People walk past a voting station February 5, 2008 on 'Super Tuesday' in New York City. (PHOTO CREDIT: AP)
FROM CNN's Jack Cafferty:
Today's Super Tuesday primary contests are of historic proportions. It's the biggest primary day ever, with 44 presidential nominating contests in 24 states and more than 2,700 delegates up for grabs. This represents more than 40% of the total Democratic and Republican delegates.
It's also probably the closest we've ever come to a national primary in this country. So why don't we go all the way? There are plenty of arguments to be made for allowing all 50 states to cast their primary votes at once.
The system as it stands now certainly has plenty of flaws: Candidates spend lots of time and money in the early states like Iowa, New Hampshire, even South Carolina. Many voters in those states get to meet the candidates up-close in their homes, churches, diners, schools.
These voters then narrow down the playing field for the rest of us. Consider this: over the summer, there were at least 18 candidates running in both parties. Now, there are essentially two major candidates on either side to choose from. That's a pretty dramatic reduction in choices based on voters in just a handful of states.
Also, we saw many states move up the dates of their primaries this year to have more influence on the outcome. For the candidates, that has meant a significantly compressed amount of time to campaign in nearly half of the country. For most voters, it likely means the closest they'll get to the candidates are a few 30 second commercials.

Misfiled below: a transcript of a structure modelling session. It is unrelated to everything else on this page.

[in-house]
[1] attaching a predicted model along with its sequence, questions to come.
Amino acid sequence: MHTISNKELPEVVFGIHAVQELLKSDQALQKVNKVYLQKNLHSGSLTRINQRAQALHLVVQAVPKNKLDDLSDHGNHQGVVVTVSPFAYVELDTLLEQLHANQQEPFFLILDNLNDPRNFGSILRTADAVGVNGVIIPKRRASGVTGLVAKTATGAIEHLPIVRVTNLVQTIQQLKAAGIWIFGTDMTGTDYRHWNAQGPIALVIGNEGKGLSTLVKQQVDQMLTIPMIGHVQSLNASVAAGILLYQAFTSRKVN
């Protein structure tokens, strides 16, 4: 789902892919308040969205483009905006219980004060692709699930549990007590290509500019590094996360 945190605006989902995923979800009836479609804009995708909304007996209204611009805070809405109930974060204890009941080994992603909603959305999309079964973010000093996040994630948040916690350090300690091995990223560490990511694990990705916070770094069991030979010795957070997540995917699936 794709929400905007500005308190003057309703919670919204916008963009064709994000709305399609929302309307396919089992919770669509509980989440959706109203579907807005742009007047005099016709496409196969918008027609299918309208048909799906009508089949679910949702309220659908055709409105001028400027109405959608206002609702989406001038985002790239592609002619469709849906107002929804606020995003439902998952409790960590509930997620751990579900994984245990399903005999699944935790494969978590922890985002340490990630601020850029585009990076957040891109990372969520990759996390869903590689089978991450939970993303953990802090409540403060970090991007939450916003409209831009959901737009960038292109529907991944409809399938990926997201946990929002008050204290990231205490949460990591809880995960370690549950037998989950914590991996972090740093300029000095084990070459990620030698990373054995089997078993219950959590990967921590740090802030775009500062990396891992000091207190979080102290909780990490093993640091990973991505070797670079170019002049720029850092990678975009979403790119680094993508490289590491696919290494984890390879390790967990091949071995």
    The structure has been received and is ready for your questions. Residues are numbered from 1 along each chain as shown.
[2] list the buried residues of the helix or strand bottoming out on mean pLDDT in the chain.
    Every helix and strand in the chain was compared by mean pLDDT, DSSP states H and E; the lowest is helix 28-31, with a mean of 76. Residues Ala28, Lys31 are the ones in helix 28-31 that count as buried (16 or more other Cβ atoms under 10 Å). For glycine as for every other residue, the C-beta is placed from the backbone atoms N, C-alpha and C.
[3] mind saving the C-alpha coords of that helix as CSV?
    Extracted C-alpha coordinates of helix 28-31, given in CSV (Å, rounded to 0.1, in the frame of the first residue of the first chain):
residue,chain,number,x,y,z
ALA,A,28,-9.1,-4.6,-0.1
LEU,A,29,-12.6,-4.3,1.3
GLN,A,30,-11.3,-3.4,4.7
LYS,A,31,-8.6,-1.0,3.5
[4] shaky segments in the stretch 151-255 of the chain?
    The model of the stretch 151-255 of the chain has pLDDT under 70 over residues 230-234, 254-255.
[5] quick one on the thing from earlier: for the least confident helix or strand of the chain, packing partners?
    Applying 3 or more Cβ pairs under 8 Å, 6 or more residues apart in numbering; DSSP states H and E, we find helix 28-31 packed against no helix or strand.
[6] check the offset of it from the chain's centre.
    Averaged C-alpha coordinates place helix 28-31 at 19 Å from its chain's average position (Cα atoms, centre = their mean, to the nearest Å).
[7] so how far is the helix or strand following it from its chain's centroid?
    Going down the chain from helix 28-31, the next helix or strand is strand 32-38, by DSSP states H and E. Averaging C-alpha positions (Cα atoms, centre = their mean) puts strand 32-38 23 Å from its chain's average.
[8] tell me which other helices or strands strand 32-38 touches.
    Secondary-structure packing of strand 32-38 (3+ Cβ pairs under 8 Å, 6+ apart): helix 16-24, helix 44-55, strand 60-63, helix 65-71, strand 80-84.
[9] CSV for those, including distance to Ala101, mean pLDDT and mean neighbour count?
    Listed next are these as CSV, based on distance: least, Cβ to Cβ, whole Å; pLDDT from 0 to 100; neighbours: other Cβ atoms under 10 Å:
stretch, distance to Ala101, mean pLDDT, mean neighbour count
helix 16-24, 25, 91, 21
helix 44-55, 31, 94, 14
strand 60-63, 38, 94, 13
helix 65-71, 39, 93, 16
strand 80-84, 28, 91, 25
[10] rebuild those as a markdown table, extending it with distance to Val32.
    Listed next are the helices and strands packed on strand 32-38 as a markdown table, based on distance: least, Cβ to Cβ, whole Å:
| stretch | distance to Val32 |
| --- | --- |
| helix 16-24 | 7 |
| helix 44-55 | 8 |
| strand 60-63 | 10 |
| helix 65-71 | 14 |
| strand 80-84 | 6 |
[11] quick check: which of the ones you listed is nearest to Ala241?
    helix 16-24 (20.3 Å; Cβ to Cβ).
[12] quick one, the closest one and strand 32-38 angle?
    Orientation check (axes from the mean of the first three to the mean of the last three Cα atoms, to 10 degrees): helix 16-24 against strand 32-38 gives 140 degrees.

Here’s my question to you: How would you change the U.S. presidential primary system?
Interested to know which ones made it on air?
Have a runoff election and do away with the conventions. One early national primary to narrow the field, and a late summer national primary to pick the candidate. Don't give me any of that 'elections are too expensive to have two.' Picking the leader of our nation is a more rational national expense than most of the pork Congress wastes our taxes on.
Martin from Michigan writes:
I would definitely make the voting system uniform for all the states. It's not fair to have some winner-take-all states and some proportional states. The two of them contradict each other, because while you have to work very hard to get some delegates in one proportional state, all your previous money and efforts are nearly wiped out if you lose a winner-take-all state. It's just not fair!
Start off with eliminating the reliance on ludicrously frivolous and arguably incompetent major political parties. Make it about the people, not about the people controlling the people. If we start electing smaller people from smaller parties we may find that they have some pretty big ideas.
I think superdelegates should be done away with. It seems undemocratic that an individual has as much power as a community. As of last night, Hillary was ahead of Barack due to the support of superdelegates, which seems to be representative of the wants of a select few, not of the public.
A national primary would be an excellent idea. However, we would lose a lot of drama and Americans love drama.